Here’s what I’m experiencing lately in an interesting little object-lesson called "moving aboard our new sailboat." The experience is purely personal, but I think it reveals some things about the mind that are 100% applicable to the professional world.
Preparing is sort of a safe little fantasy world. You tell yourself stories about what is going to happen when you start doing -- the great things that will happen, the ordinary things that will happen, and even the challenging things that will/might happen. Then you get organized for those things. You play out those stories in your mind, and you come up with new stories, and you document and buy and stage things to be ready. But, there is a vast existential chasm between the mental life of these stories and the real life of...well, living.
One of the hooks in preparing that makes it so sticky is similar to the old adage about life: the more you know, the more you realize how little you know. In planning/preparation, it’s easy to get into the mindset of trying to prepare for everything. It’s a fool’s errand, but it catches many people in its grasp -- because (1) it seems responsible and (2) it does not actually carry the risk of DOING.
Anyone who has worked in large companies has seen this phenomenon: over-planning, over-preparing -- because you can always justify your preparation as prudent in the face of some bogey-man risk...but REALLy because you are petrified of walking across the threshold from your fantasy world into the real world, because deep down you know that the real world is going to be different from the predictable world of “planning.”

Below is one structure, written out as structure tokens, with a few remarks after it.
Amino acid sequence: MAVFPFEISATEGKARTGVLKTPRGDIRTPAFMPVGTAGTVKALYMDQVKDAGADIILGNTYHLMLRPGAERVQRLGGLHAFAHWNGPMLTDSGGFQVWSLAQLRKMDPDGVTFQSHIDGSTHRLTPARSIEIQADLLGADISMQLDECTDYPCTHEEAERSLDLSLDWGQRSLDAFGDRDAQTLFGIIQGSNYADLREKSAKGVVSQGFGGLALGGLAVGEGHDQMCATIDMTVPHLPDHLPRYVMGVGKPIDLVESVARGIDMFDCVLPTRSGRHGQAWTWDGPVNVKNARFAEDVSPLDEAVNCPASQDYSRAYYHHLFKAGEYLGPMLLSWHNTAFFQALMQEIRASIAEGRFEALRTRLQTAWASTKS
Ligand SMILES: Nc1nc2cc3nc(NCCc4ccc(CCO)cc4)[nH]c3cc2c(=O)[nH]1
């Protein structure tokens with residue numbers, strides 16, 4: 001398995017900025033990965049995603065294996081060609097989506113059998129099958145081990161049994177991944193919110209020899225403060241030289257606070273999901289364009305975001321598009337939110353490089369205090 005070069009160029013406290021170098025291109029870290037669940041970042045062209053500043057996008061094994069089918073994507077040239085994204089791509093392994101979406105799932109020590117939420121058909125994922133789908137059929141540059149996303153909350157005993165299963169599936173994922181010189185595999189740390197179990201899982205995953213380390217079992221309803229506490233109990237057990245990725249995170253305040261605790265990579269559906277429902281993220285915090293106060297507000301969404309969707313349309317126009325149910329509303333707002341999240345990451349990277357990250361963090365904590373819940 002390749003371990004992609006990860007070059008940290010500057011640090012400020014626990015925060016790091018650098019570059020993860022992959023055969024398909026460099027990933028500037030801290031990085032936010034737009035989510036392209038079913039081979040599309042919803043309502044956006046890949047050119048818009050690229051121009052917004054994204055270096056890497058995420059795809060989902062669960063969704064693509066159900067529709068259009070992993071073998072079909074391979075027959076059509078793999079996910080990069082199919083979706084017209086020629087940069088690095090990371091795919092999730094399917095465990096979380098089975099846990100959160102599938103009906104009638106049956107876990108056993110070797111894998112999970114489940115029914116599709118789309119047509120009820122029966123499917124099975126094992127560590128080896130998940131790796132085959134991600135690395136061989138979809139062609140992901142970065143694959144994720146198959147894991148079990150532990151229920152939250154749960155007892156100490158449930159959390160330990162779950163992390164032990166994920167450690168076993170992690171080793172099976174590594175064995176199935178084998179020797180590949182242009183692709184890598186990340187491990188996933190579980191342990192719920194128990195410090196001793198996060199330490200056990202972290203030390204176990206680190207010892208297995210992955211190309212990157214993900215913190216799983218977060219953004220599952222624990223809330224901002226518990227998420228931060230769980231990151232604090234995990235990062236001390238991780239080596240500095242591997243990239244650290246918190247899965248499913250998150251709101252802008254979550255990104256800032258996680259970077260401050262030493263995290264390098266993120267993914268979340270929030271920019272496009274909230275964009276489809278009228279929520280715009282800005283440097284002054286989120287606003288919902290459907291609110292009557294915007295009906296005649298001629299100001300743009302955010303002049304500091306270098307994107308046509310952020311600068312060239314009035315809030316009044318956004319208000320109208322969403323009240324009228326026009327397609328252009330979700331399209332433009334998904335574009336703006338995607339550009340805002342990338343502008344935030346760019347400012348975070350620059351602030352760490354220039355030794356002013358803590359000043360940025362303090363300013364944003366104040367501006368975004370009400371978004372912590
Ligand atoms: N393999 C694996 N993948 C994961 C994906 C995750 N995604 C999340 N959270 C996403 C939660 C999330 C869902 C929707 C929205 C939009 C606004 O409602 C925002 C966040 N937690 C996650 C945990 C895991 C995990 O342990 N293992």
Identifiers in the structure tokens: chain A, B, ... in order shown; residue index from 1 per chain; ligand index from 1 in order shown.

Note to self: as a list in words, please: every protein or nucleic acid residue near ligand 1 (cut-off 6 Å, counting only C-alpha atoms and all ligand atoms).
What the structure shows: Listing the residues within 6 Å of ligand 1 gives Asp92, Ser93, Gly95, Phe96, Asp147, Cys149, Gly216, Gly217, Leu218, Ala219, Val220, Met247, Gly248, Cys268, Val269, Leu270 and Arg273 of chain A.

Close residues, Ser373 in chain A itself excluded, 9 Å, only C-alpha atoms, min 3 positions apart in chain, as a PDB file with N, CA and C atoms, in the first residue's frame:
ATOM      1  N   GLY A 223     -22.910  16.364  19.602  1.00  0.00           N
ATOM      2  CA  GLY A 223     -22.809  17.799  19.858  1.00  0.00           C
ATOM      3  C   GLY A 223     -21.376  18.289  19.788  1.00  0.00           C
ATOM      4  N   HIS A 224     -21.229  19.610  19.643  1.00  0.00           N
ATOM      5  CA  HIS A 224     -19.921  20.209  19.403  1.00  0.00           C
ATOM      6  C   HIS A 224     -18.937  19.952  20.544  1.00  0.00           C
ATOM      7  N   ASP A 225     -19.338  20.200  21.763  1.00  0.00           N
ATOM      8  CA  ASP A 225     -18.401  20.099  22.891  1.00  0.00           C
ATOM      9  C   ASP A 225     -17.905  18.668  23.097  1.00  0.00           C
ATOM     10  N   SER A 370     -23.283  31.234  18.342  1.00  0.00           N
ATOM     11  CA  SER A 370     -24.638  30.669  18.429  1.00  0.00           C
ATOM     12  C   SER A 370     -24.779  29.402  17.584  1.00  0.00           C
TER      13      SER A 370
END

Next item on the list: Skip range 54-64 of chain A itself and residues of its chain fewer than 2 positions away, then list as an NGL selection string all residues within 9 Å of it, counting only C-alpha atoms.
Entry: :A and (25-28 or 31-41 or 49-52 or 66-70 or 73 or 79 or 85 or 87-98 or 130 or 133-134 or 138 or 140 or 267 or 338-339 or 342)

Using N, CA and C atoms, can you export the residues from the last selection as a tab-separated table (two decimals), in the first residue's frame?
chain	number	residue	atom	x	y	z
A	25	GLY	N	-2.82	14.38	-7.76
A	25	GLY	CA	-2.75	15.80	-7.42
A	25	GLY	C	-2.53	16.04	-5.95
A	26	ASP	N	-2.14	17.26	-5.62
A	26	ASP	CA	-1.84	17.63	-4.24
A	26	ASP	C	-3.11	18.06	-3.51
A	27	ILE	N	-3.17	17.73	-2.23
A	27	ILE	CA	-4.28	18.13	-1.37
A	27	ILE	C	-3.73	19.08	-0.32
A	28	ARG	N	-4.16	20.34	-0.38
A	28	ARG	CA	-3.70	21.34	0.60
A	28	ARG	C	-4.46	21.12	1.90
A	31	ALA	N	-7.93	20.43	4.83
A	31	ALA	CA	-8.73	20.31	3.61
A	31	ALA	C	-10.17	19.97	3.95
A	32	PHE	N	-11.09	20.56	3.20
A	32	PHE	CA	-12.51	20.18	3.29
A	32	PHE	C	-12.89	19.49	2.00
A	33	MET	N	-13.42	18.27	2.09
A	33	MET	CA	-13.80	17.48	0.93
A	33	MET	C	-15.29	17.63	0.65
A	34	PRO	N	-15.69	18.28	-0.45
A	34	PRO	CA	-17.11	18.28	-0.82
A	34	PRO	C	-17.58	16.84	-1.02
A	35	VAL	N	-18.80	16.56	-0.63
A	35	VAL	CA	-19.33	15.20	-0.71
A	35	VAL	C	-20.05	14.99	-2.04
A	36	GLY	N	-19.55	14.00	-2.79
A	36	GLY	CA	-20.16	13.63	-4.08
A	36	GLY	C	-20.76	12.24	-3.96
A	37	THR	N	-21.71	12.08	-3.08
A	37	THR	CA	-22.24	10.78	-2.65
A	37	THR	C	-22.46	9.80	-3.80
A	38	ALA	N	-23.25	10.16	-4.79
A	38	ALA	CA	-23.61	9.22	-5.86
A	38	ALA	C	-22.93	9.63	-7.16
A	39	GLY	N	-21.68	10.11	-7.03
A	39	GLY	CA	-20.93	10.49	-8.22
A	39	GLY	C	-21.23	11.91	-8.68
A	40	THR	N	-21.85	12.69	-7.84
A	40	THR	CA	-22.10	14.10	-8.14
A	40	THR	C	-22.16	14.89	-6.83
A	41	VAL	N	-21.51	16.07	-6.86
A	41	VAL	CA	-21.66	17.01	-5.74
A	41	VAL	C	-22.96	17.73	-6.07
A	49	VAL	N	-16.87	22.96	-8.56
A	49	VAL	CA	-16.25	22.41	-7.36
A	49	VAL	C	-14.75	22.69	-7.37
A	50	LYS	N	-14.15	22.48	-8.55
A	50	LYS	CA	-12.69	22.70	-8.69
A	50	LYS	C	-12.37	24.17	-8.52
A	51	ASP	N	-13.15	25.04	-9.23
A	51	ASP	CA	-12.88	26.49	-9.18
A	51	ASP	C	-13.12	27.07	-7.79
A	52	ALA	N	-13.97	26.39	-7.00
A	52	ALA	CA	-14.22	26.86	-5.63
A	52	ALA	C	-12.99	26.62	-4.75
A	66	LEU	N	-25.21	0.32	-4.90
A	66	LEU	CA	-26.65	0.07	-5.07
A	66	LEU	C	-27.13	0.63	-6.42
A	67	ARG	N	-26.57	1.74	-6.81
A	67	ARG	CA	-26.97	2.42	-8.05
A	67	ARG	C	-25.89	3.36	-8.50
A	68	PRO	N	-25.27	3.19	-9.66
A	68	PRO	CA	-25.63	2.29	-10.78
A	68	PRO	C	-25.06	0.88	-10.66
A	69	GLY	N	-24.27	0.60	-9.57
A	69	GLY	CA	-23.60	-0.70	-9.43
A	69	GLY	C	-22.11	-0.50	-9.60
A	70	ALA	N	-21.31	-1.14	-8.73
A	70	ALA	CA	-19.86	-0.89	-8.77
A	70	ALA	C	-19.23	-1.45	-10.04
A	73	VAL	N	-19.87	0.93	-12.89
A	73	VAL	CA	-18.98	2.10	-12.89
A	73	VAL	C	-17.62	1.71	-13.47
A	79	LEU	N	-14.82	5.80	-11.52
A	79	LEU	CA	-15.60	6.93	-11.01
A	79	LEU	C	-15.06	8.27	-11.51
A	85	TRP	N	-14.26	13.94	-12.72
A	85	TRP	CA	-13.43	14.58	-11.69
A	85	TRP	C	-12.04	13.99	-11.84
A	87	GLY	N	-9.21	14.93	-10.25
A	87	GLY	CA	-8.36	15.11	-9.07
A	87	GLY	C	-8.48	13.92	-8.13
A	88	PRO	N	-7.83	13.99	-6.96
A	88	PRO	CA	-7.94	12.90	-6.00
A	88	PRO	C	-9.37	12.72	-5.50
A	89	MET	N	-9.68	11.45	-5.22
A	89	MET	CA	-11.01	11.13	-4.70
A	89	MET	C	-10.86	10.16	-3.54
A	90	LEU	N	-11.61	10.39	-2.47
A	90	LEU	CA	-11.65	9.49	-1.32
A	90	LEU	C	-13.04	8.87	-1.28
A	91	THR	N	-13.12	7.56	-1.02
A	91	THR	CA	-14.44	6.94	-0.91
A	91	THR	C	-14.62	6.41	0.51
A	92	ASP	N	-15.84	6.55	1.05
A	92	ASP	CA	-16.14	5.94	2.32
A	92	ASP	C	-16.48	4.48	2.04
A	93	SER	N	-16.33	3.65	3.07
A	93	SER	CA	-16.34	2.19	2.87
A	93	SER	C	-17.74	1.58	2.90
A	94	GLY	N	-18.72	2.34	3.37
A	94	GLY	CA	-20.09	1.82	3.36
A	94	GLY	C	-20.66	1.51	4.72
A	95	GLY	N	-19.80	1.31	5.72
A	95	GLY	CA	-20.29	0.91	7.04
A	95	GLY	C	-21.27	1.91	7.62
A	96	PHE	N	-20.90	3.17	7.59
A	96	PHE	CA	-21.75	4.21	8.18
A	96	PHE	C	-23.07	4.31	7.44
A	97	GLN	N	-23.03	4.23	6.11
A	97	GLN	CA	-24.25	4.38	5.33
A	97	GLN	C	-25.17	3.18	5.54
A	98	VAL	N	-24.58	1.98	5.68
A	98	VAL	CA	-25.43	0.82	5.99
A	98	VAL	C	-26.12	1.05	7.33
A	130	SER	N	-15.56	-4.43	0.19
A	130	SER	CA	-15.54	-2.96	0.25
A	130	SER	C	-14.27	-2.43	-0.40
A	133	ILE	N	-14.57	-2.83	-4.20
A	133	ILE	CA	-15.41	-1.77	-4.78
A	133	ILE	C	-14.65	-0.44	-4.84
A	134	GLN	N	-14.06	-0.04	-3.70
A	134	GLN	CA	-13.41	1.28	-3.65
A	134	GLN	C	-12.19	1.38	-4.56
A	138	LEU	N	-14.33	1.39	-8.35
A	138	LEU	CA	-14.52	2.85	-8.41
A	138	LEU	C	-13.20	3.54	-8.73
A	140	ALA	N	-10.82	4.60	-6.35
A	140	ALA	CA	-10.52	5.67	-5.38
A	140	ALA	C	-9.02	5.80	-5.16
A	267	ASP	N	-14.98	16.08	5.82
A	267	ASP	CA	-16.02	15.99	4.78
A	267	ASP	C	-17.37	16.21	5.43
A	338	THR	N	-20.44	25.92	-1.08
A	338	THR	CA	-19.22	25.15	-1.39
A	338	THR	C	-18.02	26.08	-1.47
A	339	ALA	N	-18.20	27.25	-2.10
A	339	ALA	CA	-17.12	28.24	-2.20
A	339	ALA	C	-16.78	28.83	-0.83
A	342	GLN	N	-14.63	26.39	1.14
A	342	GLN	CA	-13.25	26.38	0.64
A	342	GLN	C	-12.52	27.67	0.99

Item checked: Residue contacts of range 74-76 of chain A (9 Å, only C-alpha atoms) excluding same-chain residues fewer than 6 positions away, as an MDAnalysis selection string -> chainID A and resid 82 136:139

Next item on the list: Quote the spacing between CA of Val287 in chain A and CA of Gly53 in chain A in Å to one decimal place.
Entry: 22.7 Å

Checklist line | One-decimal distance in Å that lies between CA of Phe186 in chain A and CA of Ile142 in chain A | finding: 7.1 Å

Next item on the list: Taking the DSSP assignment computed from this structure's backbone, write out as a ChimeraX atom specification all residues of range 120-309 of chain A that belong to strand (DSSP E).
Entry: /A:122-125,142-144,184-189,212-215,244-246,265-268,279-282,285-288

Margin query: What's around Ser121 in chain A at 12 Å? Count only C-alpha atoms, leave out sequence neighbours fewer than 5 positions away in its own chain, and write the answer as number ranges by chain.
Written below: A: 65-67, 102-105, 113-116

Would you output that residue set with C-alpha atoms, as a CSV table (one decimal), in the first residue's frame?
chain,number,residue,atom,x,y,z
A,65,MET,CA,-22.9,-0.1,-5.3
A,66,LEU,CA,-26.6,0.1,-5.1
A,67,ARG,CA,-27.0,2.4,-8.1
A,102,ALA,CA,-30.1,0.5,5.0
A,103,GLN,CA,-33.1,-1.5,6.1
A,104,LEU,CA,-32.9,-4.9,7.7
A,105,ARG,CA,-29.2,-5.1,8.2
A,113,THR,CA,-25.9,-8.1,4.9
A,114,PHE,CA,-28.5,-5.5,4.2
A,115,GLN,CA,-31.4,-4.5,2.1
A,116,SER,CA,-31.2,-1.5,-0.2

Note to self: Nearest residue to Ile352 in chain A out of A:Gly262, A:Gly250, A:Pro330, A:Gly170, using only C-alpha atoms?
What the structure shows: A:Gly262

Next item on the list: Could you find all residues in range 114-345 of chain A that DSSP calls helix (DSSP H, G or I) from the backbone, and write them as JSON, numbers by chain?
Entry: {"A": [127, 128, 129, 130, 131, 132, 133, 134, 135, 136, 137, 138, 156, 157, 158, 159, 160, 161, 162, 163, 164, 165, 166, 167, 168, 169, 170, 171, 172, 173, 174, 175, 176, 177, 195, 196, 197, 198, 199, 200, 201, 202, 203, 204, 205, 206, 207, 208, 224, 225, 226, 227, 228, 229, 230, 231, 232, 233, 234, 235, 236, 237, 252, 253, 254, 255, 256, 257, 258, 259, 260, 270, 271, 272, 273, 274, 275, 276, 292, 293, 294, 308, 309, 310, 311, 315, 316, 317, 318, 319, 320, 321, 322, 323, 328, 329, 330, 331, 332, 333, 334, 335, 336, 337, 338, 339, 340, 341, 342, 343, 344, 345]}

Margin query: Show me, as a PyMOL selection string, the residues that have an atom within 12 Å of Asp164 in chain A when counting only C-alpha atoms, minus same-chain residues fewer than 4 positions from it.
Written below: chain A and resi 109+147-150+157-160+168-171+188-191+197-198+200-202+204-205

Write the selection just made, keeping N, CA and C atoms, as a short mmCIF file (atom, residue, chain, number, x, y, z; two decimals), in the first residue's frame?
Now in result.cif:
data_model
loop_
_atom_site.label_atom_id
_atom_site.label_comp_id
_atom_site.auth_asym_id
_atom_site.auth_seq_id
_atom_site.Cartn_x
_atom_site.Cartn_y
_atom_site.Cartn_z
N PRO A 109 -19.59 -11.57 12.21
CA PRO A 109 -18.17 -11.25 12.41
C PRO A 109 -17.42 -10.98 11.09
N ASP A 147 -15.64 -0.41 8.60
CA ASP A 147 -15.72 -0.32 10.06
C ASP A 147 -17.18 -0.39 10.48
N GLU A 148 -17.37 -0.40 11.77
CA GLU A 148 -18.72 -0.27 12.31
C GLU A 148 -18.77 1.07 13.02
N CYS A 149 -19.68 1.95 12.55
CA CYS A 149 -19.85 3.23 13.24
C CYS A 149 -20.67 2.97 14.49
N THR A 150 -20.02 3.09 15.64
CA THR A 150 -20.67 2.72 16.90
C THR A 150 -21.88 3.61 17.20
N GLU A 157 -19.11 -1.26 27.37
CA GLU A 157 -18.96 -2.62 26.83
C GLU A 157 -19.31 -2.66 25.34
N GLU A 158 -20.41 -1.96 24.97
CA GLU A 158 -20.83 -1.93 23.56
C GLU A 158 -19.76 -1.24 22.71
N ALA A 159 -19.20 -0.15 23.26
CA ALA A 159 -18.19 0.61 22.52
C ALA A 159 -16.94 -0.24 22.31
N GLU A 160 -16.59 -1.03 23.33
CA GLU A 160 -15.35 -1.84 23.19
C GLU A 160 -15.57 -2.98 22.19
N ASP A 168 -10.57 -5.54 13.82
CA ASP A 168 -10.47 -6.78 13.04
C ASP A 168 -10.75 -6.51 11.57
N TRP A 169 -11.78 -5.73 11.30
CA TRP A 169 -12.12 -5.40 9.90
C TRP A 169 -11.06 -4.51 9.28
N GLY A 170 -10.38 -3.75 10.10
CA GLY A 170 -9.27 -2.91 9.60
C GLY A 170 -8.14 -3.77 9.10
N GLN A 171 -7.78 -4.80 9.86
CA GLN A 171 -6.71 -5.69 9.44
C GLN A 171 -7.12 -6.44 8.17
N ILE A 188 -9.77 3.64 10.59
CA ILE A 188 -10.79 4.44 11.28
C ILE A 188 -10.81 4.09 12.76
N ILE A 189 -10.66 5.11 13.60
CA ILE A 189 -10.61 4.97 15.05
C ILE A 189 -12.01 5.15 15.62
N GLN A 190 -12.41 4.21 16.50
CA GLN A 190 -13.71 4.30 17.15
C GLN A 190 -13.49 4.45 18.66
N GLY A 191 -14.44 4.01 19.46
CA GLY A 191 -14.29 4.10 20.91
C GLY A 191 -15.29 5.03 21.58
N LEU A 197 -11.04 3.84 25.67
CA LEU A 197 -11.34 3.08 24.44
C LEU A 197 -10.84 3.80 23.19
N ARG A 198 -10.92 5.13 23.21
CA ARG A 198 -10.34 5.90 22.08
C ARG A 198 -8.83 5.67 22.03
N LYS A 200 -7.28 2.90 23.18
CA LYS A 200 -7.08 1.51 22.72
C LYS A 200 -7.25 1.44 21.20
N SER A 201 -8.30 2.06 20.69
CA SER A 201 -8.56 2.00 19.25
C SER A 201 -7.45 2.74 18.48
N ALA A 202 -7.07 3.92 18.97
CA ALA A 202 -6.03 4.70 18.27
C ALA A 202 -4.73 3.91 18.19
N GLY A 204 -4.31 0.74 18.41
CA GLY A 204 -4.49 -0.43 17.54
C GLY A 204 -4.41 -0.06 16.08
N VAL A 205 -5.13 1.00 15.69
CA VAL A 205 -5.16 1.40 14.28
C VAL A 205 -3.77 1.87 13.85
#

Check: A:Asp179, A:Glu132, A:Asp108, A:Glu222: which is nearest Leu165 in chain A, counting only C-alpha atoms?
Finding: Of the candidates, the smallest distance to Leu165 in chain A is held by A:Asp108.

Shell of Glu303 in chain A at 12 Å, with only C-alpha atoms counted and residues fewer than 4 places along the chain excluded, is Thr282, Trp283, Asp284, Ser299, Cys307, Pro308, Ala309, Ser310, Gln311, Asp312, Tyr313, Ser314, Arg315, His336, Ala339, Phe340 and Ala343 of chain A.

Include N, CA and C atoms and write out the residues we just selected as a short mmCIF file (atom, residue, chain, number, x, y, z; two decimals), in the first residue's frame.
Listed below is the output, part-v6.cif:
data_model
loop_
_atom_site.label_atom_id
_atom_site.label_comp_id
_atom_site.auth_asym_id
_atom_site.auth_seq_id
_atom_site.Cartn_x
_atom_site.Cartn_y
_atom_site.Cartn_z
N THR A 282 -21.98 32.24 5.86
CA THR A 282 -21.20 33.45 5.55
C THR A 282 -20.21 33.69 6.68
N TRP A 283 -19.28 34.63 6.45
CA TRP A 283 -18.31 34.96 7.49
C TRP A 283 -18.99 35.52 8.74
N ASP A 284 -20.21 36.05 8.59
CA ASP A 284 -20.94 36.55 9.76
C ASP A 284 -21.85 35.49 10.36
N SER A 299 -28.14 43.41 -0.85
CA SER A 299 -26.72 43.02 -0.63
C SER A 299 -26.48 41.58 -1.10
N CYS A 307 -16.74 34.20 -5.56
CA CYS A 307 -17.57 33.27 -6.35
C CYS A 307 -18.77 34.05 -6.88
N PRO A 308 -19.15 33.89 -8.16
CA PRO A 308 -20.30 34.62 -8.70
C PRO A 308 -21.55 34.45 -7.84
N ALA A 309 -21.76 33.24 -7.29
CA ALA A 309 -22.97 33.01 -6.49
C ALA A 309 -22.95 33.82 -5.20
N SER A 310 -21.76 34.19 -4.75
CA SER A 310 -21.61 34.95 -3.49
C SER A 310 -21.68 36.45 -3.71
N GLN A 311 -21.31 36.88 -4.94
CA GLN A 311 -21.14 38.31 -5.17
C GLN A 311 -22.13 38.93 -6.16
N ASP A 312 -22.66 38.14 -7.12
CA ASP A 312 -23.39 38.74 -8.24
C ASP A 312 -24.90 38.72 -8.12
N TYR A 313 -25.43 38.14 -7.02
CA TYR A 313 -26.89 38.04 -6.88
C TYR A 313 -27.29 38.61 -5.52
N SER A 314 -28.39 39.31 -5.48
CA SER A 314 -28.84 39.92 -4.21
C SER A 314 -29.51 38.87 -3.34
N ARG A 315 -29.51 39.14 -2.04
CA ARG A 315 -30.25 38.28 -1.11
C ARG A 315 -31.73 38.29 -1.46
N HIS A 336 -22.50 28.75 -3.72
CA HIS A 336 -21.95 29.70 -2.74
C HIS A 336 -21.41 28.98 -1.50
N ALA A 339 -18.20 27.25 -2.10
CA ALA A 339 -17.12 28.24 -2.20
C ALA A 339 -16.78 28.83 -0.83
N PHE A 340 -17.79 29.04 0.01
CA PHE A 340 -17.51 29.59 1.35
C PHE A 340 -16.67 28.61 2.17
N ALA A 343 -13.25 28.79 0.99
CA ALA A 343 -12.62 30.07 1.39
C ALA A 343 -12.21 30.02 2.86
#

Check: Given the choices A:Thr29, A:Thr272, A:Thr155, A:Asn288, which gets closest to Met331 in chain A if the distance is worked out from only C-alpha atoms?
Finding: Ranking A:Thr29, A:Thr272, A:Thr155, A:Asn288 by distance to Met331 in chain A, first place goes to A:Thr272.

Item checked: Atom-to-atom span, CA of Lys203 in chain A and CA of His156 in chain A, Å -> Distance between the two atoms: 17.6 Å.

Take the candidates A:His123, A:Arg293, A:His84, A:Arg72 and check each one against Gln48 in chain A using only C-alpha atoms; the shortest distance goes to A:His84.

At some point, after you’ve read the manual on switching power sources for the refrigerator
between shore power and generator power, you actually have to ... FLIP SOME SWITCHES AND HOPE YOU DON”T BLOW UP SOMETHING. You have to crank the generator, which means you have to do a few other things. You have to route power to places and turn on pumps for heat exchangers and other things. And, either your plan works and you can have ice cream while at anchor off Saba, or it doesn’t and you are buying lots of expensive new gear. But, here’s the mindset that matters:
If I am reasonably smart and reasonably prepared and have a reasonable idea for how to do something, I WANT TO KNOW THAT IT WORKS IN THE REALWORLD...NOW. You have to reach out and flip some switched -- not stupidly and randomly, but still you have to flip them -- and SEE WHAT HAPPENS.
Either you will find that you are in fact prepared, or you will find that you were living in Plato’s cave. From where I sit today, either of these outcomes is superior to admiring shadows on the wall.